It was a year for exciting firsts- first wash without being watched, first banter on the phone, first time singing in the shower. It was also a year for adapting to the situation, finding solutions to new problems, and trying to improve. I was given (very) early retirement (33 years old), from my job as a primary school teacher. We changed bits around the house to suit my needs, and completely adapted our lives. I was finally persuaded to get a mobility scooter in March 2014. I hated that I had to have one, hated the stares I got whenever I went anywhere, hated the pity it evoked… but actually it turned out to be a real turning point for me. I suddenly had freedom to go where I wanted in a supermarket, and this stoked the fire in me to want to become even more independent, and get back some of the life I had before. We got a dog, Lottie, who turned out to be a wonderful companion; perfect when you go from being surrounded by children all day to suddenly being home alone. My whole focus for the year was to get better, to do everything in my power to improve. My diet was improved, alcohol removed, daily meditation, daily exercise.. and the biggest influencing factor was surrounding myself with positivity; reading books, listening to talks, and repeating positive mantras. It upped my mood, made me realise that I could still have a good life, and made me genuinely love my life more than before diagnosis.
On the first anniversary of my diagnosis (October 2014), I made the decision that I needed to start living life again, instead of just existing. Consequently 2015 was an amazing year for Phil and me. Over the year I had coached my body to now be able to cope with the odd day trip, without feeling too ill the next day. For me any day of increased activity results in an increase of symptoms the following one. I accept that, as I still want to experience life. I slowly progressed from not being able to leave the house, to being able to be out for a couple of hours (enough time for a pub lunch), to being able to be outside one day a week for 7 hours (definitely enough time to have a fantastic day out). Every weekend I had plans for us to either go somewhere or do something. We visited lots of English Heritage properties, tried all of the local pubs in a 5 mile radius, went on so many bracing dog walks around the county, visited friends all over the country and ticked things off the bucket list! We went on holiday five times around the UK and France; and each time I was able to visit and explore and have a fabulous time. I tried to reach out to people I’d lost contact with since being ill, to restore friendships. I love gardening and for the first time since becoming ill, in the summer of 2015 I was able to do much of the gardening in my vegetable patch myself. I tried to spend as much time as I could with my family; we went on regular day trips together, and I was able to start playing with my lively nephews again instead of just watching them! I had definitely adopted the attitude to try and make the most of your life, and to make memories. I had taken my old life for granted. I hadn’t realised how precious, how amazing, how much fun life can be, until I’d had my life as I knew it taken away from me.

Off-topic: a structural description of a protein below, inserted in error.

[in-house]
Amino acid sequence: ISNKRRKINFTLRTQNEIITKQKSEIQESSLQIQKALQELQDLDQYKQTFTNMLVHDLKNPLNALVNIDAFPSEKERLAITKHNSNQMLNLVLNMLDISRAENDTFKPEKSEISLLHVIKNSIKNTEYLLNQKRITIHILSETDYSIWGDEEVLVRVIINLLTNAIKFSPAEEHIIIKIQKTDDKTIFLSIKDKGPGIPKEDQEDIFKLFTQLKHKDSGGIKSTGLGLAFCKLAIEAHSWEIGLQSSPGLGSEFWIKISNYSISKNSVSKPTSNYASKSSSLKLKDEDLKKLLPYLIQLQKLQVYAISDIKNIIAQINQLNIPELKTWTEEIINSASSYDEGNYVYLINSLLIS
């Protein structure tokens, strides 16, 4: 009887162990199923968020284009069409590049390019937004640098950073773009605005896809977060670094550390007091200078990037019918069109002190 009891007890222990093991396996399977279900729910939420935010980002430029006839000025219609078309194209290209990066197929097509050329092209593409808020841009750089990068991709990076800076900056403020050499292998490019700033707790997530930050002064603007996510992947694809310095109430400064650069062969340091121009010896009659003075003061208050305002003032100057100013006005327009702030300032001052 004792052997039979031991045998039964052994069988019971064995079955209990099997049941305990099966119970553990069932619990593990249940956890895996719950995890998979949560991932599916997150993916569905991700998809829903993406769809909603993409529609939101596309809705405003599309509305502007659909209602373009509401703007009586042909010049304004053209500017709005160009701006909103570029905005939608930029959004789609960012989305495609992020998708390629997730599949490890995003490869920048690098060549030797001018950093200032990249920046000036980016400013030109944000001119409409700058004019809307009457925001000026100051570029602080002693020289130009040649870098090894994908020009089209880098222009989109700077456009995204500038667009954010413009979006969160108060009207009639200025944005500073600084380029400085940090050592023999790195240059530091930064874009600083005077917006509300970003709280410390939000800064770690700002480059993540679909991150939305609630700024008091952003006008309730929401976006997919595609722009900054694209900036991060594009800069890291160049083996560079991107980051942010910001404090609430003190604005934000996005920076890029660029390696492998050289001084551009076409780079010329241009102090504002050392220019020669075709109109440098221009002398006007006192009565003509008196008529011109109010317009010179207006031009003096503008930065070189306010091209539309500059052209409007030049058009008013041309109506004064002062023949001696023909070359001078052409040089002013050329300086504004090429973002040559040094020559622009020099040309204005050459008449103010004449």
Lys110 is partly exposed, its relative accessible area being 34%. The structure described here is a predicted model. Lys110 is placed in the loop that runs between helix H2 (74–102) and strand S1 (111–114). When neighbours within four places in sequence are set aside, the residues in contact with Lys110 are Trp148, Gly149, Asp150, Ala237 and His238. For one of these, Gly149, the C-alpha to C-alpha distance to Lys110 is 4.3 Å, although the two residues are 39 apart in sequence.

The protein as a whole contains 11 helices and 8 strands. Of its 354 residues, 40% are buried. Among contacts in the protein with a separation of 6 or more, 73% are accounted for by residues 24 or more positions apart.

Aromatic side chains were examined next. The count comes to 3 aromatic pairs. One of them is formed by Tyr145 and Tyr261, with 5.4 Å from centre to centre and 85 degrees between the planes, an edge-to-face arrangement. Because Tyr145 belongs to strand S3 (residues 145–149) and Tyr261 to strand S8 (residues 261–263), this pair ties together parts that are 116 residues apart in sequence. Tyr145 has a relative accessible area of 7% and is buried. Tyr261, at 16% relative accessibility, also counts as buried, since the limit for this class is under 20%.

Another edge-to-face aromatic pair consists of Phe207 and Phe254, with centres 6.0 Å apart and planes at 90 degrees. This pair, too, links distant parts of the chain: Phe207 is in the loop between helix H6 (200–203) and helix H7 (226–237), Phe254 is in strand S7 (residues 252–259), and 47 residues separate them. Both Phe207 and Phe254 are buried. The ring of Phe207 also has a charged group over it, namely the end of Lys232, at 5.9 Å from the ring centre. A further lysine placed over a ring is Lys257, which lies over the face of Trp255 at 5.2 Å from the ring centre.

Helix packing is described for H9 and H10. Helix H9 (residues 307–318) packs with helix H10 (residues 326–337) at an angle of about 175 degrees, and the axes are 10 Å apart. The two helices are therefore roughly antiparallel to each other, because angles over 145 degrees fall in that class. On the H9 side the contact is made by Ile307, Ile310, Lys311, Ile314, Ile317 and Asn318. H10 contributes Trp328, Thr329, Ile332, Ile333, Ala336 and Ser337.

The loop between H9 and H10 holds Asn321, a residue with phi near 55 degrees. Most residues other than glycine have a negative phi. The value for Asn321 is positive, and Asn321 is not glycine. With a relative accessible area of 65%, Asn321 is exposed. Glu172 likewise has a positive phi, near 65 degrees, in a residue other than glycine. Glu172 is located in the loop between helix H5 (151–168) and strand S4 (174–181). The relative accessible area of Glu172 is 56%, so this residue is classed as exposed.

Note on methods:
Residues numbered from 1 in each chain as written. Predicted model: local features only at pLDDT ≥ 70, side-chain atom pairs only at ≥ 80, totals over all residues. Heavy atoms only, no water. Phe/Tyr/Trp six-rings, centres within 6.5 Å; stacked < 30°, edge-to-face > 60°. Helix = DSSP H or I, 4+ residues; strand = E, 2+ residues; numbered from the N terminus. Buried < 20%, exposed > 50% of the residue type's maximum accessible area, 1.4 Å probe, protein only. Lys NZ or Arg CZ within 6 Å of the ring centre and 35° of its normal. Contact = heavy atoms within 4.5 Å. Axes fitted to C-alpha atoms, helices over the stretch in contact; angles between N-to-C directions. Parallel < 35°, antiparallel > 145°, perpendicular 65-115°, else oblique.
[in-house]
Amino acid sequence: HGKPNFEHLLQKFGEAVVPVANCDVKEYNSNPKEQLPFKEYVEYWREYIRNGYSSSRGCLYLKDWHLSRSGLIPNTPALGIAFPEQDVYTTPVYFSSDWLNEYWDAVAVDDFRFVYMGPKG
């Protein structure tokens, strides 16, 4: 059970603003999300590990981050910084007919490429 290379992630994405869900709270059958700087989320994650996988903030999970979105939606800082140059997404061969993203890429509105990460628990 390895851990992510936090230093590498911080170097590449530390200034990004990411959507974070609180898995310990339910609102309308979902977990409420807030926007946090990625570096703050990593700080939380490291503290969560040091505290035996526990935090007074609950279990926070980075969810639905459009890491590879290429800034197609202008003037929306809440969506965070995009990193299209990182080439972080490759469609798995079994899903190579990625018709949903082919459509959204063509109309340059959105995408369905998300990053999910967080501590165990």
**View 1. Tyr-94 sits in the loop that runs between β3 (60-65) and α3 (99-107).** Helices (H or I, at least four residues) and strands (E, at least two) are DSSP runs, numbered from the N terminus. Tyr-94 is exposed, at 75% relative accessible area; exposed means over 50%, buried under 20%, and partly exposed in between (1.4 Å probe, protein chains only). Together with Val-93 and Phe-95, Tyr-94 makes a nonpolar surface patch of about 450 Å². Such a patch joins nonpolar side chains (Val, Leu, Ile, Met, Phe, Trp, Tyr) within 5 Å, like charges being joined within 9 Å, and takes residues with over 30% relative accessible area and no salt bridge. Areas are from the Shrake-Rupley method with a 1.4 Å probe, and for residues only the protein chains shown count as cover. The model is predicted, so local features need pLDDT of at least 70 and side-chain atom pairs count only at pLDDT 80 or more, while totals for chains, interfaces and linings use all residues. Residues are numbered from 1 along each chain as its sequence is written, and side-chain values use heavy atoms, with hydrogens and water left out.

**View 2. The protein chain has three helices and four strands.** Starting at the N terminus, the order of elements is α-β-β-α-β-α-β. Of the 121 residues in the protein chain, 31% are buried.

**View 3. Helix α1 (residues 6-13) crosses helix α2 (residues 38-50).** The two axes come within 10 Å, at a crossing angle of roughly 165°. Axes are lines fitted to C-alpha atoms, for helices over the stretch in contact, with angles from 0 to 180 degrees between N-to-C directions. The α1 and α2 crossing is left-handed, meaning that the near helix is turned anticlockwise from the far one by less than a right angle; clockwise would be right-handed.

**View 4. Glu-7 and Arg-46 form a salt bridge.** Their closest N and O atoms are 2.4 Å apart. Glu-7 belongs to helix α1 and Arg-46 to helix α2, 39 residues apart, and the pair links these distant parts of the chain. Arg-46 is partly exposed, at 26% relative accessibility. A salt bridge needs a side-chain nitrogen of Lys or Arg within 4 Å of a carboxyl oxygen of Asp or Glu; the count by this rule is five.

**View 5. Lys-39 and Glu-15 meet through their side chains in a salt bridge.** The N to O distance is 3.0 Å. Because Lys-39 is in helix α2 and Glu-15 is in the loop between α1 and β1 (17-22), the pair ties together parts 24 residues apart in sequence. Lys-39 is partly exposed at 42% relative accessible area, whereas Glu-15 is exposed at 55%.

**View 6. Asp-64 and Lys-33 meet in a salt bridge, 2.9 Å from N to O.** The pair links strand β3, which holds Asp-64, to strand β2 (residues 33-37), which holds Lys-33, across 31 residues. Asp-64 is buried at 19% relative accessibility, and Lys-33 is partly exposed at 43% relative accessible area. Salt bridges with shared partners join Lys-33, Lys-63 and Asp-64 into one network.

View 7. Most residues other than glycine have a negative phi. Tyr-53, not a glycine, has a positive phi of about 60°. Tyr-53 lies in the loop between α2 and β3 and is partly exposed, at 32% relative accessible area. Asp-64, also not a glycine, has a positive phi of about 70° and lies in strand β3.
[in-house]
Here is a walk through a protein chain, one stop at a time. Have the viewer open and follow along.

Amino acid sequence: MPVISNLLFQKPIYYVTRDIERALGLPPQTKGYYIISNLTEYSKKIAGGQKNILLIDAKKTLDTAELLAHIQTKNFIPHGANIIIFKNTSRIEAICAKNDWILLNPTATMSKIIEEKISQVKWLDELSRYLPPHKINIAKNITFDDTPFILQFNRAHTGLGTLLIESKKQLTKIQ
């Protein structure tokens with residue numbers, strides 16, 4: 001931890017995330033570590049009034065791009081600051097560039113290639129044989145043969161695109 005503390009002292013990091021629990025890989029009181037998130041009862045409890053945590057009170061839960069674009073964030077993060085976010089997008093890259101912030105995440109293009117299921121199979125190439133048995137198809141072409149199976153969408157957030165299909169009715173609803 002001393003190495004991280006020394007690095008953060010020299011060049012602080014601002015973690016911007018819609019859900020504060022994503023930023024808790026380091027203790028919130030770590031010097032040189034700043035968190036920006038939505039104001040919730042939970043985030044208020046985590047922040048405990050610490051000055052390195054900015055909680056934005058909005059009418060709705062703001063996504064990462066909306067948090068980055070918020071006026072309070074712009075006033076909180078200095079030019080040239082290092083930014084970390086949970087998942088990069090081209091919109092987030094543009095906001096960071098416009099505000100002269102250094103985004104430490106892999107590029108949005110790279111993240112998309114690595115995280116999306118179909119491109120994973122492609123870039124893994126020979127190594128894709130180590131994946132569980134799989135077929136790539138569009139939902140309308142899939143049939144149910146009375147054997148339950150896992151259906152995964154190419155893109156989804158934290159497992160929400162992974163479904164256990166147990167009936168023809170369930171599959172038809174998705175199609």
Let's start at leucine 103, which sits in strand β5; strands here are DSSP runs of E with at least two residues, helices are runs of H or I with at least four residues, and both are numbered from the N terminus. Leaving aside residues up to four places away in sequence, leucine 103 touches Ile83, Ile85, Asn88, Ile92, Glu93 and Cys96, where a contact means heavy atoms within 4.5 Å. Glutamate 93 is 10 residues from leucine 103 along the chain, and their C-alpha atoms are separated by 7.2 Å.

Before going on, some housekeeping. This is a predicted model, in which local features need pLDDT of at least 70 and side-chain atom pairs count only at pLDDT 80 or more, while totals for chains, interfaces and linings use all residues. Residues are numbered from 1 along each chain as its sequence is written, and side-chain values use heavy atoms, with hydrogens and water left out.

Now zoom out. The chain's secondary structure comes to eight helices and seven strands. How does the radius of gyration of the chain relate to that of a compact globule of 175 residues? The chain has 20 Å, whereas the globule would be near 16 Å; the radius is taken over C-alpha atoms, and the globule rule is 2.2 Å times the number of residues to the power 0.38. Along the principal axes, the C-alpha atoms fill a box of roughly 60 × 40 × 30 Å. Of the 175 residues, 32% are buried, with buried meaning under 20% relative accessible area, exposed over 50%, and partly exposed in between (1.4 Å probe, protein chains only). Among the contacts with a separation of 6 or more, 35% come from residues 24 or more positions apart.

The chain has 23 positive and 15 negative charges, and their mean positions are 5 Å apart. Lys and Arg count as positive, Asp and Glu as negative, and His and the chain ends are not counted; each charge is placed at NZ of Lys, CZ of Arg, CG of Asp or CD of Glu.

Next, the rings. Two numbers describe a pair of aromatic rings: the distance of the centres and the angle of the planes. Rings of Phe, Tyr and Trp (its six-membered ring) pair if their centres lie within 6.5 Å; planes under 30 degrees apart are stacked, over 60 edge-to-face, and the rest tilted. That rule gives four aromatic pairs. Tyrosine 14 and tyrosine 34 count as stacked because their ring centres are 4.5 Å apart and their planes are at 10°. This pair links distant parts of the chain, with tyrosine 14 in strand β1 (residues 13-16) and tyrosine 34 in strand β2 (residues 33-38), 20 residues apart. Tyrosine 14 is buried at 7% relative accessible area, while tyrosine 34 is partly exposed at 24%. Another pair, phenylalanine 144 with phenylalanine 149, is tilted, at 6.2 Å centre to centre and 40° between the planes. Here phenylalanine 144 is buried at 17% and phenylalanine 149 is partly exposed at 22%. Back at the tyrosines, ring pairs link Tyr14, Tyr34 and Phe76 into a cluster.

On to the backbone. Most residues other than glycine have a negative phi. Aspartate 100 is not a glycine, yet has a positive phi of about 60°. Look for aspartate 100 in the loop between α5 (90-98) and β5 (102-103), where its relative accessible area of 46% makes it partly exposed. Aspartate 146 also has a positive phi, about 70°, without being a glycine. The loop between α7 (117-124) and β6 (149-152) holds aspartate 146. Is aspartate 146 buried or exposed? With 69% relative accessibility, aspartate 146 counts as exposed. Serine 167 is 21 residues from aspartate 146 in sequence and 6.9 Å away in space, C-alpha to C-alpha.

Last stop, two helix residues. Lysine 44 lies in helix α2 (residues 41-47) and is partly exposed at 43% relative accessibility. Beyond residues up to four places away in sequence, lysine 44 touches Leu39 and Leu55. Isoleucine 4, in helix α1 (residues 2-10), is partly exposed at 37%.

After almost two years my daily routine looked very different to what it had been when I was first diagnosed. I was now able to shower, get dressed (in real clothes!) and be downstairs within the hour. I could cook my own breakfast, my own lunch and dinner for us both in the evening. I could happily potter around the house, and venture in to the garden. Much to Phil’s excitement, I had taken on all of the daily household jobs- washing up, washing the clothes, cooking food, putting away the shopping, feeding the dog -I could do these job as as long as I rested regularly whilst doing them. In the beginning the washing up would take all day; piece by piece with rests in between. However over the months, I was eventually able to do it in one go. There was still a lot I couldn’t do – anything involving lifting, walking very much or anything that exerting too much energy. However we adapted; I arranged for us to have a cleaner, and Phil would do all the difficult bits I couldn’t do (e.g. carrying things up the stairs, digging the garden). I was still doing my daily exercises but these had been increased to 25 reps and now involved weights. I had also started walking three evenings a week, and could now manage 400m without ill effect. I discovered new hobbies I could do without exerting too much energy (cross stitch, games) and rediscovered old ones (keyboard, sewing). In the beginning I was only able to do these activities for 5 or 10 minutes at a time, as they tired me. However by doing them regularly I was able to increase this. I can genuinely say that I was really happy and content with my life at this point; I don’t think I ever stopped being thankful and relieved that I’d improved and got some of my life back again.